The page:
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SAND STORM (Elite Zexer 2016). Israeli woman's film about women in revolt (and not) in a bedouin family in the Negev. The husband takes a new wife to the annoyance of his first wife, while his daughter has a boyfriend from college and he breaks that off and marries her to a man of his choosing. The first wife objects to this and is banished. Watched at a commercial screening at Film Forum 6 Oct. 2016.

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STAYING VERTICAL/RESTER VERTICAL (Alain Guiraudie 2016)-NYFF. Very unpredictable and sexy doings in southeastern France from the director of th e2013 Cannes hit (and NYFF main slate slection) Stranger by the Lake/L'inconnu du lac. This is no. 2 on Mike D'Angelo's Tom Ten List (rating 77). Great palate cleanser after more conventional festival fare like most of the other NYFF Main Slate films. Watched at public screening of the NYFf 12 Oct. evening at the Walter Reade on a paid-for ticket ($24!).

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THINGS TO COME/L'AVENIR (Mia Hansen-Løve 2016)-NYFF. The 35-year-old French writer-director's fifth feature focuses on a 50+ Paris university prof of "philo" (Isabelle Huppert) who faces a series of losses of status, relationship, etc. and proclaims it "freedom" but we doubt that. Proclaimed her richest and most mature work by some. Her other films may be more distinctive, in fact. But: Huppert. Watched at NYFF press screening 14 Oct. 2016 at Walter Reade Theater.

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TOWER (Keith Matitland 2016). A detailed 96-min. recreation, with archival footage, testimony, actors, and rotoscoping, of the first US mass killing at a school, the UT Austin, TX sniper in the campus tower who in a 90-95-minute period at noon on a 100º August day,, shot 49 people and killed 18, including an unborn child. It is a tragic and terribly moving story. Deeply moving and with sad implications. This is currently no. 3 on Mike D'Angelo's Top Ten List for the year (rated 76). The Wikipedia article on the shooter, Charles Whitman (never named in this film) is extremely detailed. But the film brings to life the terrible day. Watched at Film Forum 15 Oct. 2016.

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LOVING (Jeff Nichols 2016). Nichols goes in a different direction to dramatize a 2012 documentary about Richard and Mildred Loving, the mixed-race couple who married for love and child-rearing and whose Supreme Court case, Loving v. Virginia, ended "miscegenation" laws. The Australian actor Joel Edgerton gives a performance as the modest Richard Loving that's a marvel of muscular understatement; Ethiopia- born Ruth Negga is luminous as Loving's wife. As their stern adversary Sheriff Brooks, another Aussie, Marton Csokas, delivers a more subtle and nuanced portrait of bigotry than we often get. The legal process scenes are rather routine, but Loving is still worthy of our attention, and in a small, quiet way, one of the year's best American films. Watched at Regal Union Square 6 Nov. 2016.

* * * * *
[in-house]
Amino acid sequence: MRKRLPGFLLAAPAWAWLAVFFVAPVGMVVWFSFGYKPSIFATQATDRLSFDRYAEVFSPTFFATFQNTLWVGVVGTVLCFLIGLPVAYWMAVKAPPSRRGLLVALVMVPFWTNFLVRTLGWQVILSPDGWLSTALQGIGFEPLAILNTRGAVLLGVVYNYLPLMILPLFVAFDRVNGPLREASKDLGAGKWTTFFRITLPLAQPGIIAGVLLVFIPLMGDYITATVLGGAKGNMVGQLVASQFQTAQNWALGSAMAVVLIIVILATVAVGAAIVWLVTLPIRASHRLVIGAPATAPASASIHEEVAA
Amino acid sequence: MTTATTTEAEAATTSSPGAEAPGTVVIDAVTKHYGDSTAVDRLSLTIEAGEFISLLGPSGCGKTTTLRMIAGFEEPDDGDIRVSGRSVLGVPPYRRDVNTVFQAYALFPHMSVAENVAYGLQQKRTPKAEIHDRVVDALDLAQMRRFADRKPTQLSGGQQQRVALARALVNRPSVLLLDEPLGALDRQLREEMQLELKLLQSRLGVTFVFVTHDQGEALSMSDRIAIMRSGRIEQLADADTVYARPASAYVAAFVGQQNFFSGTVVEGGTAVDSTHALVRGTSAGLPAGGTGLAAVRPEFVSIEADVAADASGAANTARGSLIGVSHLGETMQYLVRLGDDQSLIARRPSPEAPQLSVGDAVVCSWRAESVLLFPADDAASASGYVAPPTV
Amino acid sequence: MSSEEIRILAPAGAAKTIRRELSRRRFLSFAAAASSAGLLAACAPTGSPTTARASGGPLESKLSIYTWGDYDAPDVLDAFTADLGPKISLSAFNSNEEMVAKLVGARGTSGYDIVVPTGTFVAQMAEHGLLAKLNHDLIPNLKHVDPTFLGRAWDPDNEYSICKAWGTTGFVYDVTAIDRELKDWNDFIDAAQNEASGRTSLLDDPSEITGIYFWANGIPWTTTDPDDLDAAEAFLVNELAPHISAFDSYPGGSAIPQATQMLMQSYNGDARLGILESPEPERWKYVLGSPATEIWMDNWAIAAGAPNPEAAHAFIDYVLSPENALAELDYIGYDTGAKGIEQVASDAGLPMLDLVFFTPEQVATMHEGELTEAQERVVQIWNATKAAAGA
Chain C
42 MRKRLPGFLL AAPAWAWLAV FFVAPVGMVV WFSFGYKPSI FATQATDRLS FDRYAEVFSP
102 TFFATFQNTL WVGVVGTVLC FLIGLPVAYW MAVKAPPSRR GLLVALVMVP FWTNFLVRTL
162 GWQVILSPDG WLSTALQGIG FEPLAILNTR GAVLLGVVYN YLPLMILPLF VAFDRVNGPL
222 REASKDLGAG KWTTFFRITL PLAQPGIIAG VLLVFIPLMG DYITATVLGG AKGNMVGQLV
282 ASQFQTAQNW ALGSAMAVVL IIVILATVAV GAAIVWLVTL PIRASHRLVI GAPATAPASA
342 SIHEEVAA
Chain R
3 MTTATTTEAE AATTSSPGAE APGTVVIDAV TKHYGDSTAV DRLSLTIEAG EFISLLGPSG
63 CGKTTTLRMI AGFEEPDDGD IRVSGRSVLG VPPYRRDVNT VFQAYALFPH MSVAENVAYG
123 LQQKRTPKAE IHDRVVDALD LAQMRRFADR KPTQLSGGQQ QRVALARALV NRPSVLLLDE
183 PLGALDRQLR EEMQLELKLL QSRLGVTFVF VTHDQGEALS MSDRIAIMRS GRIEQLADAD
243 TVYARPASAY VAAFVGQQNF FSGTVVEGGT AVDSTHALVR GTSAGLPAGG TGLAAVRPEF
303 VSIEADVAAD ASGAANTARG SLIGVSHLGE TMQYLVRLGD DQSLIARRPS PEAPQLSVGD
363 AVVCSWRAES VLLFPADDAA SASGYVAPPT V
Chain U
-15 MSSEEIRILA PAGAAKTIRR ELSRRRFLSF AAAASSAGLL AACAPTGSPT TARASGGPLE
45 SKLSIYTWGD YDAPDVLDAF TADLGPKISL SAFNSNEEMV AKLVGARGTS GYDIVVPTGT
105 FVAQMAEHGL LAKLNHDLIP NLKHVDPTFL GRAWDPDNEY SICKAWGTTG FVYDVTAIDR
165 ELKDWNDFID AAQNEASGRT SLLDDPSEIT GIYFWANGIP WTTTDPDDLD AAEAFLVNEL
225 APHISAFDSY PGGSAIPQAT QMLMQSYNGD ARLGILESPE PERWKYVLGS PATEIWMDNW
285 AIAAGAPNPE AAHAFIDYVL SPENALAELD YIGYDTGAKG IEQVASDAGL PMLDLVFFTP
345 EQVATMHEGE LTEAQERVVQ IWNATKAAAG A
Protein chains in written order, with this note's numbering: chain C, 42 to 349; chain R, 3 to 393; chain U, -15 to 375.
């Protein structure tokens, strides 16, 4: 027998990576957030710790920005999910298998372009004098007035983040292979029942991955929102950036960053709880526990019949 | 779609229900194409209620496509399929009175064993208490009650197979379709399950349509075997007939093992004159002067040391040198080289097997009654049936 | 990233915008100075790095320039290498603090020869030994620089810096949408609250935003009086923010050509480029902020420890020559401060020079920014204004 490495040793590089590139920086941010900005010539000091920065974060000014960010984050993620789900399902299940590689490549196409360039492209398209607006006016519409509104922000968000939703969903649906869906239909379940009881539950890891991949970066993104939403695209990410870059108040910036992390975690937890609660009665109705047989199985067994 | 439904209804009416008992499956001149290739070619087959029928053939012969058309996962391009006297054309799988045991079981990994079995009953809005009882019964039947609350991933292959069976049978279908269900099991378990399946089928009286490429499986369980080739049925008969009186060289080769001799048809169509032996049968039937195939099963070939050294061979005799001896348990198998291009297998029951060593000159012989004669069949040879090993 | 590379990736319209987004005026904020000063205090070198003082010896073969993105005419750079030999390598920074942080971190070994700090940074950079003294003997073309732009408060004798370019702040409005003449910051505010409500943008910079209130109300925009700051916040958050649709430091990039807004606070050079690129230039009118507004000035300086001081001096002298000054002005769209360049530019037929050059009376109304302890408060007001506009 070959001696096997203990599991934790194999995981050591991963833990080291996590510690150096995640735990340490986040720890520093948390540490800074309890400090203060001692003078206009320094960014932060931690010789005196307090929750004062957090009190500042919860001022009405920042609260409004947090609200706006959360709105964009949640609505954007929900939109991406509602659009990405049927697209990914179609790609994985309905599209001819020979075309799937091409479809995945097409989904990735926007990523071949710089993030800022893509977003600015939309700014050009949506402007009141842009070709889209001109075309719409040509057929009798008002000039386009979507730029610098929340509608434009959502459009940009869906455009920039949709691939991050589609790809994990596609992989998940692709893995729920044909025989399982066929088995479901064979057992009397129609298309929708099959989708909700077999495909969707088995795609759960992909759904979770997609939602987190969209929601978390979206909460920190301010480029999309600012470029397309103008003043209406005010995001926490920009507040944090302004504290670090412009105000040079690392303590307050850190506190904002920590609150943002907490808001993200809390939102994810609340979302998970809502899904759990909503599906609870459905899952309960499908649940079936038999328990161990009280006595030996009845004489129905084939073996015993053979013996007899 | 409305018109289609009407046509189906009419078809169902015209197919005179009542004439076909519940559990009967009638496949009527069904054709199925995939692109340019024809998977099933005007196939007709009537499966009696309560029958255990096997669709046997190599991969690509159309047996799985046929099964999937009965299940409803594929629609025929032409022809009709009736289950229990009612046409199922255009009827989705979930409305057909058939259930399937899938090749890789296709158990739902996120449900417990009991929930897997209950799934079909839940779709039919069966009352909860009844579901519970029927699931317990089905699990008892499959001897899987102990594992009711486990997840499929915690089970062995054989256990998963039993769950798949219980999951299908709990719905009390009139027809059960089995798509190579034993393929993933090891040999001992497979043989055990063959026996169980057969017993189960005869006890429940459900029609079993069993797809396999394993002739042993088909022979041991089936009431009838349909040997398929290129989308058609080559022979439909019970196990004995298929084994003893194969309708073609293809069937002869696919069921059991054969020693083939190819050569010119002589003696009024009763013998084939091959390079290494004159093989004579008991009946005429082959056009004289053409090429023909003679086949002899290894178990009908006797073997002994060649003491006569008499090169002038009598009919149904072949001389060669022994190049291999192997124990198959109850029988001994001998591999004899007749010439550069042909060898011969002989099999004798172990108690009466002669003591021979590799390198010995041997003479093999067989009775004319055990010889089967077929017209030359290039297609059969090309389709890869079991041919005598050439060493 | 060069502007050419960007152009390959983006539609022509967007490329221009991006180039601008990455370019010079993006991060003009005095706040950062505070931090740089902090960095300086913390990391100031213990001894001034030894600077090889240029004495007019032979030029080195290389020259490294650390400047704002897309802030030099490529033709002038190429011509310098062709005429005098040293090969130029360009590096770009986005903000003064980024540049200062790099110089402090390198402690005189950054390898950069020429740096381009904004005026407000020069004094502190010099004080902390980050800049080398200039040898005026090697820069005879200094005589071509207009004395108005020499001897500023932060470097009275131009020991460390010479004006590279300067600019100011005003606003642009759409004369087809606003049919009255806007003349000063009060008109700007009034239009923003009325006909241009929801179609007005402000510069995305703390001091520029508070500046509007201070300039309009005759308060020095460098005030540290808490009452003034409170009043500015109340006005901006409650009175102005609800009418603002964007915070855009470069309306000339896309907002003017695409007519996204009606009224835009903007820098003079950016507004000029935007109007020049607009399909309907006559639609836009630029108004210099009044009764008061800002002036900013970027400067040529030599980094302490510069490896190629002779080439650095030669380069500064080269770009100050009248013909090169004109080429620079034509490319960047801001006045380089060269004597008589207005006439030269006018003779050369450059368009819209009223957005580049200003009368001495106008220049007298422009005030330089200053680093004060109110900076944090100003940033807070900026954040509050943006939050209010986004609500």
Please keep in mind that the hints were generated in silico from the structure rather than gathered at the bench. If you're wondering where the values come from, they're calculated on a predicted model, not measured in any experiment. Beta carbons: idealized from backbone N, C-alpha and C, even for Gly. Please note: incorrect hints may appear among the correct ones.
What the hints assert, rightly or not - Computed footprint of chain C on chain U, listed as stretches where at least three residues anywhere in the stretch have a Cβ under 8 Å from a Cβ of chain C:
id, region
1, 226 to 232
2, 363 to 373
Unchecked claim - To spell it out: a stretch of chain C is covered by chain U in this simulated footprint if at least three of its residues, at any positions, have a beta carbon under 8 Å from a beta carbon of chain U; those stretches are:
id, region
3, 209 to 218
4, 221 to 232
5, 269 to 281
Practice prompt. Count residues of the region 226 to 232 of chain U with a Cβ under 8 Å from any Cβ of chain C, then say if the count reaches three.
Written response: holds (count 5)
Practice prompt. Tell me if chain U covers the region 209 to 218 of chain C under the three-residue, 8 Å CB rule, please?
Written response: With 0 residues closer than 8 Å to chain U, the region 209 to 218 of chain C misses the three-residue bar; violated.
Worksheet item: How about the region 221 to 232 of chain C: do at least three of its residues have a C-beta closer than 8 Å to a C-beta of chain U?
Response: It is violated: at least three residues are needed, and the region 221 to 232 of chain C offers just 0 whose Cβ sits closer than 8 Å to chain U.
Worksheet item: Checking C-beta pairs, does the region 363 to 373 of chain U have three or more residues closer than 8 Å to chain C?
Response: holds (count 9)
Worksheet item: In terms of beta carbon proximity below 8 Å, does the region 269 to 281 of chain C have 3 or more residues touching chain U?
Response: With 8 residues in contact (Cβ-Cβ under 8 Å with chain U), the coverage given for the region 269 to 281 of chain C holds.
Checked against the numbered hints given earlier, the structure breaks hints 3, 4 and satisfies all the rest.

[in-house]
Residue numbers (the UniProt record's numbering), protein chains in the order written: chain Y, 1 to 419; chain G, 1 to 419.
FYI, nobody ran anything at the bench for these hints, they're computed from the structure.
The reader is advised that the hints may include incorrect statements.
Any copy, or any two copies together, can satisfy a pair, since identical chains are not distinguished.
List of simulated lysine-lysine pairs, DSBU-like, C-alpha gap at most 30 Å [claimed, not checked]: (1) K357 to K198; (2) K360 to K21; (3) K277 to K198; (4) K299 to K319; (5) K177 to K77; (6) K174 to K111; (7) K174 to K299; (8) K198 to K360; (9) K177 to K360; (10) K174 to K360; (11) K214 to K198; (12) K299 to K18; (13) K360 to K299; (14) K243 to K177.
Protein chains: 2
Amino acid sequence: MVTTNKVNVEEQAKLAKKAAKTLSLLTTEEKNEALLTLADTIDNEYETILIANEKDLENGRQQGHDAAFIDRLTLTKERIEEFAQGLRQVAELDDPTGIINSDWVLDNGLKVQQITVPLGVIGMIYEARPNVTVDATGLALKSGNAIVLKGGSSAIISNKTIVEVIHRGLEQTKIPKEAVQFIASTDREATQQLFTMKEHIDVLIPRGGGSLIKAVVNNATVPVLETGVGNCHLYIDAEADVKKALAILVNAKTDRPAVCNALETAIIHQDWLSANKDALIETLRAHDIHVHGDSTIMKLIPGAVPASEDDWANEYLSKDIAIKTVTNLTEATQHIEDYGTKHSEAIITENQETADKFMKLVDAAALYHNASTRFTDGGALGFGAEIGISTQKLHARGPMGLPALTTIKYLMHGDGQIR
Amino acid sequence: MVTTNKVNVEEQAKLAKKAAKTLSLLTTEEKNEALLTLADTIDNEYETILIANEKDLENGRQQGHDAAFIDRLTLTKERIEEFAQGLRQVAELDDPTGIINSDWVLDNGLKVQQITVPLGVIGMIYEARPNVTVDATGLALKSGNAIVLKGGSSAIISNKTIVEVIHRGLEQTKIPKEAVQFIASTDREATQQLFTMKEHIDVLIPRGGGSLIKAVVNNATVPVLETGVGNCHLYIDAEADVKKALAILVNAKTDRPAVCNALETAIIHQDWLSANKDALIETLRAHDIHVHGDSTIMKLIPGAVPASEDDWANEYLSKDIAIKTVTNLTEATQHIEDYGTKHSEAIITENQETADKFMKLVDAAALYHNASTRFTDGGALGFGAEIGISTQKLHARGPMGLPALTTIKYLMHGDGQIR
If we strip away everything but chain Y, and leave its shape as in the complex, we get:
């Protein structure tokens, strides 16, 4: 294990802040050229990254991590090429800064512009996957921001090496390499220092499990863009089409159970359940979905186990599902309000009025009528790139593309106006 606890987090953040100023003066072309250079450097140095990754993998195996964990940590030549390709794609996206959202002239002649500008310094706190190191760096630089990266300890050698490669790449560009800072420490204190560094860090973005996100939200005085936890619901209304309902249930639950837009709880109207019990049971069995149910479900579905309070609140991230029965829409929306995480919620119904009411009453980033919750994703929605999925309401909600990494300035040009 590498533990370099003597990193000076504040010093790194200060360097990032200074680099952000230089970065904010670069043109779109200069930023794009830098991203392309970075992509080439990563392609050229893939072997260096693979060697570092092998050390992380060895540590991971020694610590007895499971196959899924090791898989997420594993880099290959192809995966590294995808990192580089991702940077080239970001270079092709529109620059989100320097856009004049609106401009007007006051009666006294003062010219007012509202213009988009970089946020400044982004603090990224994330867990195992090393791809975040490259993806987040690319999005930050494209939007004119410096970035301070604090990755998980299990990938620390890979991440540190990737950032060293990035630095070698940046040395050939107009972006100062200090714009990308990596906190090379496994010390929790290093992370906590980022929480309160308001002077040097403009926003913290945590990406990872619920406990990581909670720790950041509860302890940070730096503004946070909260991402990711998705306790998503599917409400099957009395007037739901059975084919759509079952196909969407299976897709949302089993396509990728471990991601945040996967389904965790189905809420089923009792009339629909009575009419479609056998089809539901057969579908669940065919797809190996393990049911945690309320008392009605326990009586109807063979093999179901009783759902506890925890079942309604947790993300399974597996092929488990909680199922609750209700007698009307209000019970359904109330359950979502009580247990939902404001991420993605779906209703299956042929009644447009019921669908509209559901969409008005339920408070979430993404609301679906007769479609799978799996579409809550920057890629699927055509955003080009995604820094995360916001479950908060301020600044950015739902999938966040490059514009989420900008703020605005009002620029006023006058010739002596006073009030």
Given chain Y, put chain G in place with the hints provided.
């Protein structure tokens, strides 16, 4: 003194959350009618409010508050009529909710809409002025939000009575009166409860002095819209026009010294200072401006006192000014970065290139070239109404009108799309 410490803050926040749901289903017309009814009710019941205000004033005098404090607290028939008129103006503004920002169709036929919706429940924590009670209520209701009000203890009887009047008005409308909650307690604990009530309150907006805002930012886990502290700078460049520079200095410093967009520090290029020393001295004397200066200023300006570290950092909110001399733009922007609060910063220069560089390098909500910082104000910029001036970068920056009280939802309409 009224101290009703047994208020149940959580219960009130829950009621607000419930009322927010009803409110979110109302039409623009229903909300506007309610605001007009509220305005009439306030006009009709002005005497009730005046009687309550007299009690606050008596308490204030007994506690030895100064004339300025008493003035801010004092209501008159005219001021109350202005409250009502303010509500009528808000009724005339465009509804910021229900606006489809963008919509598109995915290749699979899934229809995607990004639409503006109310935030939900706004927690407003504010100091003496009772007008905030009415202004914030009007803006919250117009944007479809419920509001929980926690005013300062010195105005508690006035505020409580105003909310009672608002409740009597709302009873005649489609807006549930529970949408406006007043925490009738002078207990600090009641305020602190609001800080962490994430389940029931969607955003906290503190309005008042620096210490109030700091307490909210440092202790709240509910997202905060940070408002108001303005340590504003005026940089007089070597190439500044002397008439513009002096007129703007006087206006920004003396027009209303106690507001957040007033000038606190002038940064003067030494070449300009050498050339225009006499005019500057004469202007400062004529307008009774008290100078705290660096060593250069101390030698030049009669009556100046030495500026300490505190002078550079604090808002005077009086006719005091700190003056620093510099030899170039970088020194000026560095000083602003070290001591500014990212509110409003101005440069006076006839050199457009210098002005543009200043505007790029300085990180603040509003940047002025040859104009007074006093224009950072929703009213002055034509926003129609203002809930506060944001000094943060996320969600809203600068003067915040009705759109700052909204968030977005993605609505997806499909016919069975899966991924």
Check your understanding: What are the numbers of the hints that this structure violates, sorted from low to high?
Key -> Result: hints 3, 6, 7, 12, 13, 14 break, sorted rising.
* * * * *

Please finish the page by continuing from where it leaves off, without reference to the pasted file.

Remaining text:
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GIMMIE DANGER (Jim Jarmusch 2016). Iggy Pop and the Stooges have not had their music doc before, but the only thing that is not routine about this is the director's name; the film isn't as noteworthy as some have found his also current or coming Adam Driver vehicle Paterson to be. Narrated throughout by band vocalist and leader Pop, whose real name is James Newell Osterberg, Jr., it has archival footage, talking heads who're other band members and managers, and a description of his whole career from a boy drummer to rock legend whose comebacks keep on coming. Pop's groups influenced and partook of a range of muisc including rock, punk rock, art rock, and hard rock and associated bands include The Trolls, Sum 41, The Nymphs, The Iguanas, David Bowie, Josh Homme, Slash, Rob Duprey, Deborah Harry, Blondie, Tom Waits, Henry Rollins, Lou Reed, and The Cramps. His performances are noted for his wiry always naked torso and wild gyrations on stage. At 69 he is as wiry and gnarly as ever. This film was included in the Special Event section of the NYFF. Watched 8 Nov. 2016 at IFC Center.